A Collaborative Program to Provide Native Plant Materials for the Great Basin

Author: 
Shaw, Nancy
Pellant, Mike
Publisher: 
Society for Range Management
Publication Year: 
2012
Description: 
The Great Basin as de ned on a oristic ba- sis1 includes the hydrographic Great Basin plus the Owyhee Uplands and Snake River Plain of southern Idaho (Fig. 1). The region encom- passes about 60 million ha, of which more than two-thirds are publicly owned. Vegetation ranges from salt desert and sagebrush shrublands in the basins to conifer forests in the more than 200 mountain ranges. Historic land management opened the environment to invasion by exotic annual grasses, primarily cheatgrass (Bromus tectorum). Resulting changes in re regimes and more recent human disturbances such as en- ergy development, mining, and recreation have combined to increase the spread of annual and perennial exotics, deplete native seed banks, simplify community structure and species associations, and reduce landscape patchiness. Ecosystem resilience declines with disruption of ecological functions such as snow or water catchment, reduction of wind veloc- ity, and nutrient cycling. West and Young2 described in detail the plant communities and management issues in the Great Basin and suggested that development of more effective and economical revegetation techniques should be a research pri- ority, especially for the more arid regions. DOI: 10.2458/azu_rangelands_v34i4_shaw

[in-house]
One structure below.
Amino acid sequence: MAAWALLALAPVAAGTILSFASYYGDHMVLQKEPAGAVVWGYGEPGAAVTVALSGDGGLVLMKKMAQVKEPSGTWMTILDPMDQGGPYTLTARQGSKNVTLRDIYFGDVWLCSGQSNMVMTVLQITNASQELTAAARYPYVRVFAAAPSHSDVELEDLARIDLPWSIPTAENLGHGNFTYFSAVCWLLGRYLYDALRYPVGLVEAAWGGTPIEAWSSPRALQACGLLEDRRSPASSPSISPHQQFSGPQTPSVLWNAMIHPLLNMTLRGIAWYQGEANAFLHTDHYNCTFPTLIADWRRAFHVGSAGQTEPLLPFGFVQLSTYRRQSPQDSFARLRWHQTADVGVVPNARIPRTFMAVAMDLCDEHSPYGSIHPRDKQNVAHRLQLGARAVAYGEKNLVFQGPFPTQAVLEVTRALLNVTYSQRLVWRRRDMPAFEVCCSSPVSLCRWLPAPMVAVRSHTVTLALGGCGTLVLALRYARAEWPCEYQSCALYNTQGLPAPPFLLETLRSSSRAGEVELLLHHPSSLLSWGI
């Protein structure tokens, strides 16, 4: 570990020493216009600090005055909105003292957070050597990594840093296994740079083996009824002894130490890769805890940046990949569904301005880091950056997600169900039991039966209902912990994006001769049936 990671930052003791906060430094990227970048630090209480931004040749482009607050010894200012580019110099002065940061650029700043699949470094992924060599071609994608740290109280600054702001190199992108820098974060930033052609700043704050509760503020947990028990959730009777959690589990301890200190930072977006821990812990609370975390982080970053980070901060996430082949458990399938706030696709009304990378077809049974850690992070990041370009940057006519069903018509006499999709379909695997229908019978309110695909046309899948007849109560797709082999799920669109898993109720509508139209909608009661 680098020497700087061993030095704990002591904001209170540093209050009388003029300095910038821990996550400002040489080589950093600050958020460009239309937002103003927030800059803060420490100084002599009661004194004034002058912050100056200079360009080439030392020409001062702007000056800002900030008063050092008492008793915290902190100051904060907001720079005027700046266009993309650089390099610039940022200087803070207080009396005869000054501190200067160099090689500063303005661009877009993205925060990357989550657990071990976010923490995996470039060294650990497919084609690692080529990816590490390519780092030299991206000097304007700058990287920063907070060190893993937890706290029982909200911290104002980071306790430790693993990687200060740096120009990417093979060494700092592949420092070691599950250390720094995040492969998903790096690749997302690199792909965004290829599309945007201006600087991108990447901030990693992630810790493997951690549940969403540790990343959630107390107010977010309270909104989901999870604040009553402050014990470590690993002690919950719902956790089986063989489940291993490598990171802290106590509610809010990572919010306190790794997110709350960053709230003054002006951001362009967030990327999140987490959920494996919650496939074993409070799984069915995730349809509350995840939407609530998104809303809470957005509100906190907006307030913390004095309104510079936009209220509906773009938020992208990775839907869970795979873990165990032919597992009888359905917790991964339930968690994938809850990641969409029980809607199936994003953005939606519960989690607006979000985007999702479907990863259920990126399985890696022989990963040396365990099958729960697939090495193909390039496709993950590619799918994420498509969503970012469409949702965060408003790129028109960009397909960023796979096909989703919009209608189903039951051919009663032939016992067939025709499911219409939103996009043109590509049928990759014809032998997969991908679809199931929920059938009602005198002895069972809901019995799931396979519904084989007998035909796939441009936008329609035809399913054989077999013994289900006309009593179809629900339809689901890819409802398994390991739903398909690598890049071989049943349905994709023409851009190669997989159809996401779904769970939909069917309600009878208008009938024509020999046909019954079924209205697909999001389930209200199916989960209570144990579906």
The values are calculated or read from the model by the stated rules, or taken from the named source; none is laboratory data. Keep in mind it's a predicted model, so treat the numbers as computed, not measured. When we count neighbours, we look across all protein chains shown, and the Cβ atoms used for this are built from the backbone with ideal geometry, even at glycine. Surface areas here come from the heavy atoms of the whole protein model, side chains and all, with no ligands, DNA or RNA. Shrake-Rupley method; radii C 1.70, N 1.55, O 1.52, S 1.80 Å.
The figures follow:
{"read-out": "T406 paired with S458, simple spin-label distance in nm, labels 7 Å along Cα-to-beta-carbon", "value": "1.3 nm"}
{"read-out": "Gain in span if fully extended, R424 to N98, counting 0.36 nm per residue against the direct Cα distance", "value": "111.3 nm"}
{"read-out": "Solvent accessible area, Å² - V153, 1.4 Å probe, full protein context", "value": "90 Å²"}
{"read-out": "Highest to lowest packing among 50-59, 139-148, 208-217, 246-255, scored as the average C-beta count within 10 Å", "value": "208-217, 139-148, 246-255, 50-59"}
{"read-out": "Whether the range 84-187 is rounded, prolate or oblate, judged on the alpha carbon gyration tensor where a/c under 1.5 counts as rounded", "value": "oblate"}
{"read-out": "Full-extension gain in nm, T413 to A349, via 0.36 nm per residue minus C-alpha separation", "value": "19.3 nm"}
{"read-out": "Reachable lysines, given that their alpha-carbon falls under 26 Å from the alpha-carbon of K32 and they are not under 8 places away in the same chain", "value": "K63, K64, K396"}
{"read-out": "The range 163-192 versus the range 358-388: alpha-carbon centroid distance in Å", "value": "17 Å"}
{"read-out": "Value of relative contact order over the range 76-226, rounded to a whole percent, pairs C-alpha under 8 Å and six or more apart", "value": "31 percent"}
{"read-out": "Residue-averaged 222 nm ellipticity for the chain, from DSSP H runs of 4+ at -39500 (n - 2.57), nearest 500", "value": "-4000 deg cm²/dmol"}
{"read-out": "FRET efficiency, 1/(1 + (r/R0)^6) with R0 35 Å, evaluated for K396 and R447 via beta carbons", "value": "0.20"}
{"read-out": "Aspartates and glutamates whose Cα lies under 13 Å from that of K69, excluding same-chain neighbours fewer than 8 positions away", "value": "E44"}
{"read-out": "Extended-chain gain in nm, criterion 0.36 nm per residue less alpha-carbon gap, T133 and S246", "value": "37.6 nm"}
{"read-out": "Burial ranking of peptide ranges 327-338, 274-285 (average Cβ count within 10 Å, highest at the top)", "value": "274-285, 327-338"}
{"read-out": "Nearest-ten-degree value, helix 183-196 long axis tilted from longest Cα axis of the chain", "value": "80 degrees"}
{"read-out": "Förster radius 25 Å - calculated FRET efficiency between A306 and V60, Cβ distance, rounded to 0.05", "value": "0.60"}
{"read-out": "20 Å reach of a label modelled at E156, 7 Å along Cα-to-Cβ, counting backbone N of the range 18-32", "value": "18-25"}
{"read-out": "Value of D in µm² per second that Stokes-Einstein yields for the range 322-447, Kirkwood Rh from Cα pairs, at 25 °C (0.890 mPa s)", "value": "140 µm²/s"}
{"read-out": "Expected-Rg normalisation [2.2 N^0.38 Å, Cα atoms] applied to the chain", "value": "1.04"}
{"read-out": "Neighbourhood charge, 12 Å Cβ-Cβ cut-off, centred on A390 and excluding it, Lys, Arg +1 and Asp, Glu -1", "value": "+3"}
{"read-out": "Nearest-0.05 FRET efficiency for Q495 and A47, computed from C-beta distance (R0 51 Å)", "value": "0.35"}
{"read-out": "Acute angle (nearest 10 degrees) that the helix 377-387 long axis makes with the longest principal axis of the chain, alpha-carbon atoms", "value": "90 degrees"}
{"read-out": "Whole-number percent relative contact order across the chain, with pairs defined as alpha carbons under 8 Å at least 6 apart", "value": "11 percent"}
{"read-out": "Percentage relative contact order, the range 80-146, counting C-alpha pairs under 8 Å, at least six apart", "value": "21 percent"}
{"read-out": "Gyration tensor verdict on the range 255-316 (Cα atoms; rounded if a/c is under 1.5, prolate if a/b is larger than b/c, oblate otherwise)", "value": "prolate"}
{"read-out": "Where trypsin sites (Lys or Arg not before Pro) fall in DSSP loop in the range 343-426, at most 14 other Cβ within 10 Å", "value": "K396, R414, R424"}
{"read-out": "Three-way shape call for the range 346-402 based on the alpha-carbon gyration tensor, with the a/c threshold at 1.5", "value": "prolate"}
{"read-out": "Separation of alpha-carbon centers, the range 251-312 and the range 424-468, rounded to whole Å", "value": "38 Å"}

Document Type: 
Journal Issue/Article
Society for Range Management

Rangelands, a publication of the Society for Range Management, serves as a forum for the presentation and discussion of facts, ideas, and philosophies pertaining to the study, management, and use of rangelands. The journal features scientific and historical articles as well as Society news. It provides readers with scientifically accurate information in a user-friendly format, placed in context of the world we live in today. Rangelands is a practical (non-technical) counterpart of Rangeland Ecology & Management (formerly the Journal of Range Management). The Global Rangelands collection includes articles from Rangelands up to 3 years from the current year. Access to more recent content is available by subscription from BioOne and the Society for Range Management and may also be available at your local university library. 
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